The income level for borrowers cannot exceed $130,600. Borrowers also need a debt-to-income ratio of 45% or lower, a credit score of 640 or higher, and they must complete a homeownership education course.
Alaska's Affordable Housing Enhanced Loan program (AHELP) provides qualified borrowers with down payment assistance or secondary financing. A grant, deferred payment, forgivable loan, or a combination of all three are subject to availability, and borrowers must meet the guidelines of the local, state, or federal governmental agency, nonprofit agency, or the regional housing authority that's facilitating the loan.
The program requires that borrowers own only one residential property in the general area, and they're limited to single-family homes in which they reside. Homes that are older than 10 years must undergo an inspection. Borrowers must also participate in a homebuyer education class.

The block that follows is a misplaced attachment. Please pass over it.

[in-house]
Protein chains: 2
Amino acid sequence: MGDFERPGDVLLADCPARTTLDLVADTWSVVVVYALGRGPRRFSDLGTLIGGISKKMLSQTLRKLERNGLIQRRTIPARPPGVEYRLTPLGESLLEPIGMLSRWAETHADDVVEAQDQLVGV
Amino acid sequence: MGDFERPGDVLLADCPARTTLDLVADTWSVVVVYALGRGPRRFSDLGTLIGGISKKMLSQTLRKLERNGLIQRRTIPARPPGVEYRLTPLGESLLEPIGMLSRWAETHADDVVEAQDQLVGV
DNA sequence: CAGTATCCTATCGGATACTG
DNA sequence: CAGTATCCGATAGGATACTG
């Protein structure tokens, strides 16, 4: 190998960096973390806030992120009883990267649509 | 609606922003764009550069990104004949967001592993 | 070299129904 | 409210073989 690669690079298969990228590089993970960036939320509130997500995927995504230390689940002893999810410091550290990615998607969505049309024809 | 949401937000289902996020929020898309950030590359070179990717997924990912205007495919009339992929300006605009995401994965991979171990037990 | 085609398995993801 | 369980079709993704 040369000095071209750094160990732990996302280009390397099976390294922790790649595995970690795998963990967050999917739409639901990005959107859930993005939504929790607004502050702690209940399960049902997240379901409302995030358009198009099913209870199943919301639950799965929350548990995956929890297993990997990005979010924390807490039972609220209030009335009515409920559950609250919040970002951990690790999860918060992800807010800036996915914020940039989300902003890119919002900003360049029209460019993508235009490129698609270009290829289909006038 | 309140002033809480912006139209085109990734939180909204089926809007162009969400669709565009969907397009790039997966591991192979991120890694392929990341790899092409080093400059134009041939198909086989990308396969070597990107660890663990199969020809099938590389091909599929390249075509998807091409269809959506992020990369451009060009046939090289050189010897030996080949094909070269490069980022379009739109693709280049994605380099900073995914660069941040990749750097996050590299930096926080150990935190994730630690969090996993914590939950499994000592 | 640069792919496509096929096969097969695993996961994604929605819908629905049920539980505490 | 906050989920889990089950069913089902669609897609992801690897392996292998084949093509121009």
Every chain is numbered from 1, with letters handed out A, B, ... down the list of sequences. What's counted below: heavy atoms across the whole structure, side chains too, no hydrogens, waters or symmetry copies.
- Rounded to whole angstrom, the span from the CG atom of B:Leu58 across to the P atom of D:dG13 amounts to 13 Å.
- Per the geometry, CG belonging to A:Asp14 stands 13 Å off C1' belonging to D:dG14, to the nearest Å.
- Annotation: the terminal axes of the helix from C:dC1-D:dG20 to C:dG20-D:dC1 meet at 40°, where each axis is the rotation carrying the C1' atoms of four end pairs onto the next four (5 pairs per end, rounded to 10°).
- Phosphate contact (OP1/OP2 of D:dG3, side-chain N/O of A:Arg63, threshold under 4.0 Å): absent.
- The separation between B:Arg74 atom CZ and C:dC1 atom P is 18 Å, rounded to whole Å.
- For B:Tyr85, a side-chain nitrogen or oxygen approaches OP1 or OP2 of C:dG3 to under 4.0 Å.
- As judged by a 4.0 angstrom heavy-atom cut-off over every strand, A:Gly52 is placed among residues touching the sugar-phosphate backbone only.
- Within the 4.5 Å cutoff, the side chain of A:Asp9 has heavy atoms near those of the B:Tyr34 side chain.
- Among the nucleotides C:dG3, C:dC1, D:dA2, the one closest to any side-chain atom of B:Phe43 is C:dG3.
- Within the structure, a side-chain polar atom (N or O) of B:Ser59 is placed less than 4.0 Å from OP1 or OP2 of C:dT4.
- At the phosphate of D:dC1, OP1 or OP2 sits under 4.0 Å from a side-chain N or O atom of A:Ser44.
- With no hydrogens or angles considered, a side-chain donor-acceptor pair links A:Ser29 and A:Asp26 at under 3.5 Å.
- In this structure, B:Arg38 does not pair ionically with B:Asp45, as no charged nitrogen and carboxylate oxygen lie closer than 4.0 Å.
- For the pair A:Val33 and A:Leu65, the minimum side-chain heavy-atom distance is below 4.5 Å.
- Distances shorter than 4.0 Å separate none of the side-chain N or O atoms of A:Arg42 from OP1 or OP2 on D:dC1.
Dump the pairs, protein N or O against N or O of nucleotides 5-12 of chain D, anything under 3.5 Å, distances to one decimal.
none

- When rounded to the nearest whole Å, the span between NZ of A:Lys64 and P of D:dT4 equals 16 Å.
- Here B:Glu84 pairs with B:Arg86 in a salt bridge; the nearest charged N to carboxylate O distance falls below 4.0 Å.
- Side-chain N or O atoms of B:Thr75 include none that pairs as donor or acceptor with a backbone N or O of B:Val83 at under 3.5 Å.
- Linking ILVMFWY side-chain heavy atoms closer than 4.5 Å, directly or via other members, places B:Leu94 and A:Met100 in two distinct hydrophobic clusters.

Alaska’s Closing Costs Assistance Loan is another option. It's earmarked not only for closing costs but a down payment as well. Assistance of either 3% or 4% of the loan amount is available, depending on your credit qualifications.
The Arizona HOME+PLUS Home Buyer Down Payment Assistance Program is a nonprofit corporation and political subdivision for the state that's administered by the Arizona Industrial Development Authority. It provides down payment assistance of up to 5% to renters who struggle financially to meet down payment requirements and closing costs.
Your annual income can't exceed $112,785 to qualify, and borrowers must have a credit score of at least 640. Borrowers must also complete a homebuyer education course, and the assistance can only be used in conjunction with a HOME+PLUS mortgage.